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Still the right place to be

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It has always been a draw for multinationals, but the reasons to invest in the UK just keep mounting up, says Cora McLaren, Head of International Subsidiaries Banking for HSBC.

The UK is back. That’s the unmistakable message emerging from the country’s activity on the world stage, alongside some striking government initiatives to reinvigorate its position as a hub for global investment.

In fact, I would argue that the allure of the UK for international business has never really dimmed. The fundamentals remain unquestionable: flexibility, strength in key sectors, a supportive regulatory framework, a skilled workforce that speaks the language of business, a friendly time zone.

It’s true that the uncertainties of the Brexit process caused ripples of nervousness. With that completed, however, the UK has demonstrated its intention to extend its reach by negotiating and signing free trade deals with partners around the world. The work under way to join the Asia-Pacific CPTPP treaty symbolises the ambition of this drive.

While the Brexit negotiations continued, the pandemic hit the UK hard at first. But the country now has an enviable vaccination record at home, while its science and healthcare sector is leading the protection of the global population, through the development and reach of the Oxford AstraZeneca vaccine.

Stimulating recovery

During last year, the government moved to supercharge the recovery. It announced capital investment of £100bn to support infrastructure, skills and innovation. And a £375m scheme to drive investment in high-growth, R&D-intensive businesses was launched in July last year.1

These initiatives are designed to enable the UK to capitalise on its undoubted strengths. There’s no shortage of innovative talent in a country that launched a new tech business every 30 minutes in 2020, 2 and ranked fourth in the latest global Innovation Index. 3 The real challenge lies in scaling up such innovation.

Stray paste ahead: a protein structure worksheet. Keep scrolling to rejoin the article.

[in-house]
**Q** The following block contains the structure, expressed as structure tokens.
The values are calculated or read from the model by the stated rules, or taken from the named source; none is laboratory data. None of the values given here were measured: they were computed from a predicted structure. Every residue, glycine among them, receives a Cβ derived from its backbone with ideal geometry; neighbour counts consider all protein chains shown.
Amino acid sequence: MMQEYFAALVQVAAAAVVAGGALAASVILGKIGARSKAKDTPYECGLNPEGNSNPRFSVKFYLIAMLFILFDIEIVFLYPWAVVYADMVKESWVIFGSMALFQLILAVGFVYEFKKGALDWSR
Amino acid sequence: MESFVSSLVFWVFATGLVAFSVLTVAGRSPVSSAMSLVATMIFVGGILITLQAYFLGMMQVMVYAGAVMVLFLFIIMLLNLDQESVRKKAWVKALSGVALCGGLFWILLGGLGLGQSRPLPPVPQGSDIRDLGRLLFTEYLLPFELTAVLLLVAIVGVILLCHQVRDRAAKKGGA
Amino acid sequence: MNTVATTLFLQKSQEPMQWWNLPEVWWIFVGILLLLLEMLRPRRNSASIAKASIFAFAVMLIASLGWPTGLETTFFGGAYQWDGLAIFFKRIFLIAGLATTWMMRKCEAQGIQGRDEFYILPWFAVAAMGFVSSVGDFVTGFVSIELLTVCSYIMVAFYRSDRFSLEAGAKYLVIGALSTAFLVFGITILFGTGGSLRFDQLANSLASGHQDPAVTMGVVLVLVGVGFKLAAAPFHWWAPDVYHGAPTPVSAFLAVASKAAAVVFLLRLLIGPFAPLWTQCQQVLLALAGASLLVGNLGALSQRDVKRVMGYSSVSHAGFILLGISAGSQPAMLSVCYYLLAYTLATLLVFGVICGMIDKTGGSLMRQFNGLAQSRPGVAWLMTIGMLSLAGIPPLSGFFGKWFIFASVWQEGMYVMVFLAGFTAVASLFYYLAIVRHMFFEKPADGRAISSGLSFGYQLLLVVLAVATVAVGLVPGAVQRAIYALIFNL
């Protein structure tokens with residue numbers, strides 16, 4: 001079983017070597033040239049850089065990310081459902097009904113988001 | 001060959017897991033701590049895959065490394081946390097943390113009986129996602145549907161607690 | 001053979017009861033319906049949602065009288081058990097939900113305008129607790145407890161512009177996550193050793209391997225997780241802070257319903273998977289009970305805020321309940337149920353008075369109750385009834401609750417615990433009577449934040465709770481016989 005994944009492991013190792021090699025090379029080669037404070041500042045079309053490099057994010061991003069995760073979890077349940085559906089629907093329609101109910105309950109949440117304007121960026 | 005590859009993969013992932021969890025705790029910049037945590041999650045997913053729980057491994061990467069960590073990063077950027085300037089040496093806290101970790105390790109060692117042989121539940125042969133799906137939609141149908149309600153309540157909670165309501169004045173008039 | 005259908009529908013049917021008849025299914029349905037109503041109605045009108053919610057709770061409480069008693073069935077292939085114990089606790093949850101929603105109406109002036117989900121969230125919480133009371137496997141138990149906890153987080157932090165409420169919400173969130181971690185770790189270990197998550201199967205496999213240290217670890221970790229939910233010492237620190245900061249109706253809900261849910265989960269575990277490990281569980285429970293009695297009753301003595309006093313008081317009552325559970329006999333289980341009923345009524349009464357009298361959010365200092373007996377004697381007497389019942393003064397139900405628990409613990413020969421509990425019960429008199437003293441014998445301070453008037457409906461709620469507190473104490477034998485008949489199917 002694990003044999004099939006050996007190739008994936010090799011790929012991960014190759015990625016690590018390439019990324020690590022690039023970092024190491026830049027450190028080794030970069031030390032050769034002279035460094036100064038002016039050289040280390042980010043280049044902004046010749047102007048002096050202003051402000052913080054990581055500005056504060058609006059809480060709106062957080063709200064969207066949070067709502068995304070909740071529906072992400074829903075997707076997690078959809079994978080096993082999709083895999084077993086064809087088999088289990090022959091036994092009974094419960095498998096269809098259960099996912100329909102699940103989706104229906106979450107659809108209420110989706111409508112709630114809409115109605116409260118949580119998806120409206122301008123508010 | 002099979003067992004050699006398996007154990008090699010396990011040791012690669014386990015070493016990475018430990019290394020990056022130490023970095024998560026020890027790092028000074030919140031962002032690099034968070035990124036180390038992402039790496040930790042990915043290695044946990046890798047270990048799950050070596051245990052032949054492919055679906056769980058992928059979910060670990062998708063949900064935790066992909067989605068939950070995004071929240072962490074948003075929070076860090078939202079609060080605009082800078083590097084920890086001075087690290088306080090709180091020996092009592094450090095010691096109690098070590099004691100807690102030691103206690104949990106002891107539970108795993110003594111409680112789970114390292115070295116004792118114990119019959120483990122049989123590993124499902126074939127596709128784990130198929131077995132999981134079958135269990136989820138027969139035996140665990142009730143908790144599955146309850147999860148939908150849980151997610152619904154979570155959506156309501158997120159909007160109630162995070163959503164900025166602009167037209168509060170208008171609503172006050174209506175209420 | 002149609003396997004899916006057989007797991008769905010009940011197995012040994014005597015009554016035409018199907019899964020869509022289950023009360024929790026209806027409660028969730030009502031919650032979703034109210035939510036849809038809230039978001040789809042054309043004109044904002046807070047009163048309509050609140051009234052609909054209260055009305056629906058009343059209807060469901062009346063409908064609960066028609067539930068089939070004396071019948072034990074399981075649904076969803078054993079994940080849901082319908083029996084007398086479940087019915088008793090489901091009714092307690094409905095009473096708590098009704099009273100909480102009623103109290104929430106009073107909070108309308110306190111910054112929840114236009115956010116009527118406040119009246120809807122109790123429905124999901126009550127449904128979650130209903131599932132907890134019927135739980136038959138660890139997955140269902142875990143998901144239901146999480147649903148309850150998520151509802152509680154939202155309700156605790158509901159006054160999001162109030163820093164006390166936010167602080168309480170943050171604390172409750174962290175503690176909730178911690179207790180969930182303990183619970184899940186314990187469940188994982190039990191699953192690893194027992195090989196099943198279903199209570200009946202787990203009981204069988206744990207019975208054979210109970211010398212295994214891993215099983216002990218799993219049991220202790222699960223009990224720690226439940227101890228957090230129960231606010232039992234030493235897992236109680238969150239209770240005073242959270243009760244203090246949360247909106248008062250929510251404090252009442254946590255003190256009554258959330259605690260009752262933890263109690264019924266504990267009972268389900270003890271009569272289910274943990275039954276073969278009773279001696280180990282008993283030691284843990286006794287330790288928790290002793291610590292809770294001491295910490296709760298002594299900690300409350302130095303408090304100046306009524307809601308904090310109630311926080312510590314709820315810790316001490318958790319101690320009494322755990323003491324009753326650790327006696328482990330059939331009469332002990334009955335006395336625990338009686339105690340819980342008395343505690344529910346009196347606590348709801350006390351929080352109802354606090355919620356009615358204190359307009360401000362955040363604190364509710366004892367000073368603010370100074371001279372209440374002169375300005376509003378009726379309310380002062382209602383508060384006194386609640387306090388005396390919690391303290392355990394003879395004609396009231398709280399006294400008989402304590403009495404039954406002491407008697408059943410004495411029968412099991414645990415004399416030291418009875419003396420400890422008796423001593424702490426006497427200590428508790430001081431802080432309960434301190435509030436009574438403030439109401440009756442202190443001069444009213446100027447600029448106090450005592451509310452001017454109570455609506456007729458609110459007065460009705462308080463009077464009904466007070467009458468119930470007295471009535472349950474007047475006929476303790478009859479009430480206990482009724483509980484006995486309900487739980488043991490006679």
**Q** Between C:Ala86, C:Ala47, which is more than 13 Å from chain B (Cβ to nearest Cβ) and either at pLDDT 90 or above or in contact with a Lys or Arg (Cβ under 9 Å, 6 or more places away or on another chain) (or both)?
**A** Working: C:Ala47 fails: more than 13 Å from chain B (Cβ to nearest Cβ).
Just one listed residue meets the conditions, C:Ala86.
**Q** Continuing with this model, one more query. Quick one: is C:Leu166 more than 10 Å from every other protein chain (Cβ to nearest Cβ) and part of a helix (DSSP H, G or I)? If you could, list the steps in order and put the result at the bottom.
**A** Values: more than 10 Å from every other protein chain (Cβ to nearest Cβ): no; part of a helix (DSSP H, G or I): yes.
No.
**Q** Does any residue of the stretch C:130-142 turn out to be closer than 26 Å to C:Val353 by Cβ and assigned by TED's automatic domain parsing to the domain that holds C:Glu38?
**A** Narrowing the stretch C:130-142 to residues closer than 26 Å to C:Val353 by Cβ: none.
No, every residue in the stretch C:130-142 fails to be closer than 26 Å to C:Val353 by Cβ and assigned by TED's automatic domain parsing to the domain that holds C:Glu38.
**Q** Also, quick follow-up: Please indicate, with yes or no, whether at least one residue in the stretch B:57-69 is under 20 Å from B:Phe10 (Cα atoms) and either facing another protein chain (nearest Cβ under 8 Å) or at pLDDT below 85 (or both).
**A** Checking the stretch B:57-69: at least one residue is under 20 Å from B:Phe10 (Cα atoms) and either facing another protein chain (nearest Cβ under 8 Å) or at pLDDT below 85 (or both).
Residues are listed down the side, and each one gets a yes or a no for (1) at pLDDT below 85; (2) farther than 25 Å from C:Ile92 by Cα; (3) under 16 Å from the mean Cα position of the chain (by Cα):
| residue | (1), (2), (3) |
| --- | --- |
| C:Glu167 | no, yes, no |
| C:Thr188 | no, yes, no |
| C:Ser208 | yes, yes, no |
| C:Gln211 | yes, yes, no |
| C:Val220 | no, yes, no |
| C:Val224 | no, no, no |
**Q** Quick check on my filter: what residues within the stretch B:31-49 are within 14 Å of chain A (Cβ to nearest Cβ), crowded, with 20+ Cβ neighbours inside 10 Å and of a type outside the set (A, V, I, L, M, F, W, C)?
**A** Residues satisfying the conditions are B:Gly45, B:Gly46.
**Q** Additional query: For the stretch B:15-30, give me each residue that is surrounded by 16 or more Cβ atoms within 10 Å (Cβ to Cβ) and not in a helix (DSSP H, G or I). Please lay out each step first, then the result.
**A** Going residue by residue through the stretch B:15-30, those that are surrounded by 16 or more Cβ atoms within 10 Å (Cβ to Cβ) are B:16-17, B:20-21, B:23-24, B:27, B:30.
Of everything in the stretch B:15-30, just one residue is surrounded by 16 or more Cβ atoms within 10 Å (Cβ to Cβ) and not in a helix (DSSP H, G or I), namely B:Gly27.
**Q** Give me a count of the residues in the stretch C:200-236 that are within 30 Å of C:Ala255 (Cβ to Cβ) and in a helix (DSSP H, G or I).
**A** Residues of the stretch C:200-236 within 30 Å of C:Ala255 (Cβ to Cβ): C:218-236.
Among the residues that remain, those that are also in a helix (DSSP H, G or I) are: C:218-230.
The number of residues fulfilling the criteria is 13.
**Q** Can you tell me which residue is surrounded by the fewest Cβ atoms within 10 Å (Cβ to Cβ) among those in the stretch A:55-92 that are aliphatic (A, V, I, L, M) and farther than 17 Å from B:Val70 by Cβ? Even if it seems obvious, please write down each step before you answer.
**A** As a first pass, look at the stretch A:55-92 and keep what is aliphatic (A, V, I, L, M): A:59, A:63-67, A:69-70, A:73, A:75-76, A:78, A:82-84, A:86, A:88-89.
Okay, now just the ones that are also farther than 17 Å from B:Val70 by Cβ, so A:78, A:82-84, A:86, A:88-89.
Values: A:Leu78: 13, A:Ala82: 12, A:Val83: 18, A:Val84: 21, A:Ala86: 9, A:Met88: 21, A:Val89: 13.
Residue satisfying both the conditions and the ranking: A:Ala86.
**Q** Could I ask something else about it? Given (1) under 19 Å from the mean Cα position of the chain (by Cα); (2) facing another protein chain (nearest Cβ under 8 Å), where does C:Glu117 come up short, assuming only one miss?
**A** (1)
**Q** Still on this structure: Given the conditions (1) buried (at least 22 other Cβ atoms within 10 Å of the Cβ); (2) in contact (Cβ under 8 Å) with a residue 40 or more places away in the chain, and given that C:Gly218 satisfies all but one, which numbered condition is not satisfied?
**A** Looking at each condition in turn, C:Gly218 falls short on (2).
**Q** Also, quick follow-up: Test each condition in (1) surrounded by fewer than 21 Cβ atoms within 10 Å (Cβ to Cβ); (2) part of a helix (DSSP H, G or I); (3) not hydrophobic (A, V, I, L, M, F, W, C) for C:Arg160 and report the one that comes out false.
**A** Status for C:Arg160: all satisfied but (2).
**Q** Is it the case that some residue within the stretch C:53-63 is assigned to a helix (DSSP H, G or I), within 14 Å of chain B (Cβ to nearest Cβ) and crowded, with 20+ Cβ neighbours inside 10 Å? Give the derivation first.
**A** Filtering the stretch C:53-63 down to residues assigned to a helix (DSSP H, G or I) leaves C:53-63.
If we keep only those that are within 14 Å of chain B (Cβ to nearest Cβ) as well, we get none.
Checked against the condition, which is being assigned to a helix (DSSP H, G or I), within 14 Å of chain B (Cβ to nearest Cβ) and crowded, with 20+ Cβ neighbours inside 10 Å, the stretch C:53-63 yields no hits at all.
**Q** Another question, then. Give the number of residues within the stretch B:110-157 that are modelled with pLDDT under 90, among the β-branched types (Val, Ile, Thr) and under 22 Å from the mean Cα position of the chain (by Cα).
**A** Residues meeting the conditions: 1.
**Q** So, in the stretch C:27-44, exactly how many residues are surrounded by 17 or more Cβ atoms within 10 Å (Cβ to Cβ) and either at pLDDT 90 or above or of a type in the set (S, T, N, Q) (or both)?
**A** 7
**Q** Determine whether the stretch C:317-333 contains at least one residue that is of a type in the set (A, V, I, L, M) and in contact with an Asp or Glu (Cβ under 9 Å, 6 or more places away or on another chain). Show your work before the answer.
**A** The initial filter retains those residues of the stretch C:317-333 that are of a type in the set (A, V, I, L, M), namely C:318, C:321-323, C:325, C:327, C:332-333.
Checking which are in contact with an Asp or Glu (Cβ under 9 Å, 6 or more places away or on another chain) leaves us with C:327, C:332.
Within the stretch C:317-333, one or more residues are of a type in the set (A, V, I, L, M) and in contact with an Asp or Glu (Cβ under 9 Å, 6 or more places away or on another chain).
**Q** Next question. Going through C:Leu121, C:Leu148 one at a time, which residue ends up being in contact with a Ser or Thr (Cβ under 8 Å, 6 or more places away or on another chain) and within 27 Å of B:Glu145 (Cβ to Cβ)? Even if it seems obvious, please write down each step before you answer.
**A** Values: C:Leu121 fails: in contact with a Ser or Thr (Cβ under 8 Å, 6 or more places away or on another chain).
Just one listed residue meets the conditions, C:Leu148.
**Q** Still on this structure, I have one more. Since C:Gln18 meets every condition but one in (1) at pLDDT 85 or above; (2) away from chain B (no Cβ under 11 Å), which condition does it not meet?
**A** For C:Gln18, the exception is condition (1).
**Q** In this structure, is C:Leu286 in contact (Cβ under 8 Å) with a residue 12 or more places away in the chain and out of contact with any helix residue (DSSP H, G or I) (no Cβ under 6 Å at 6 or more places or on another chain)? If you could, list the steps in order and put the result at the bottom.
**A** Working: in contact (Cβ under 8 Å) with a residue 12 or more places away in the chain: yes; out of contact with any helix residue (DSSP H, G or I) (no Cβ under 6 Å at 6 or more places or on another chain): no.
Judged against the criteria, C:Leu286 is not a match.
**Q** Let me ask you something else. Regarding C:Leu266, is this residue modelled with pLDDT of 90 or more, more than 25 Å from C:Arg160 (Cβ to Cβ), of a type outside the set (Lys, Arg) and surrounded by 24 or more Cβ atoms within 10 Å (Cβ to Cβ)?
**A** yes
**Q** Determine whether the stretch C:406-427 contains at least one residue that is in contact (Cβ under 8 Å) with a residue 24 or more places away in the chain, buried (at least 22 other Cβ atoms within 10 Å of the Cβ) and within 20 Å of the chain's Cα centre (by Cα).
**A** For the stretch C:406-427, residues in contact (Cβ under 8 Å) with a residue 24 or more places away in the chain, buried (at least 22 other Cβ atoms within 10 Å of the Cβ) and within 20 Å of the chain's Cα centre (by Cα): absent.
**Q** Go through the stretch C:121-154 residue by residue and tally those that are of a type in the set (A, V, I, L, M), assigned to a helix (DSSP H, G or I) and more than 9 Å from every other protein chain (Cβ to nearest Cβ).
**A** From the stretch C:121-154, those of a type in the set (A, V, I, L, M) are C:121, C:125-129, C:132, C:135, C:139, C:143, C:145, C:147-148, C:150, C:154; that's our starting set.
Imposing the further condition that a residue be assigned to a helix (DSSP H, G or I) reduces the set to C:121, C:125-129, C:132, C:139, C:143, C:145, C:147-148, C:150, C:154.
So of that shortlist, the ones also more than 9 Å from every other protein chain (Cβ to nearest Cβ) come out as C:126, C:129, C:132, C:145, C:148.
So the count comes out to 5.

Sustainability is high on the UK’s agenda too. After hosting the COP26 climate change summit in Glasgow last November, the country is keen to be a sustainability leader. The government is investing £116m to drive forward green innovation in the UK, and its first ‘green gilts’ were launched last September.

Super deduction

Inevitably much of this activity focuses on the growth areas of most interest to multinationals, such as technology, healthcare and education. And there’s another, particularly juicy incentive that’s captured their attention: the introduction of a ‘super-deduction’ tax allowance.

Open for two years, this radical initiative provides a 130% capital allowance deduction for businesses investing in plant and machinery. Effectively allowing companies to claim back up to 25p for every pound spent on eligible items, it’s been welcomed as a powerful spur to investment.

A separate initiative will see a network of eight freeports established in England, allowing for tariff-exempt import and re-export.

Global hub

All this helps to explain why global investors are increasingly drawn to the UK market – acquisitions of British companies hit a 14-year high in the first seven months of 2021.4 At HSBC, Brexit nowithstanding, we have seen unflagging interest from multinationals looking to the UK as a treasury centre, and as a springboard to the region and the world at large.

With product specialists in all the key areas, we are able to provide our clients with specific advice on the application of UK measures such as the super-deduction and free ports, for example.

The depth and reach of our team also support one of our clients’ key objectives: consistency across their operations. Our network of 2,500 people based in 50 countries works to help clients navigate local regulations, within a consistent corporate framework.

In one sense, the pandemic has made this goal more achievable. The universal use of virtual platforms such as Zoom means that instead of conducting these conversations locally, we and our clients can come together in a cross-border conversation. The involvement in the same discussion of, say, a US-based CEO and a CFO at UK level delivers clarity and speeds up decisions.

Essentially, we are here to help clients achieve their ambitions across their parent and subsidiary operations globally. I’m heartened, though not at all surprised, that so many of them continue to put the UK at the core of their enterprises.

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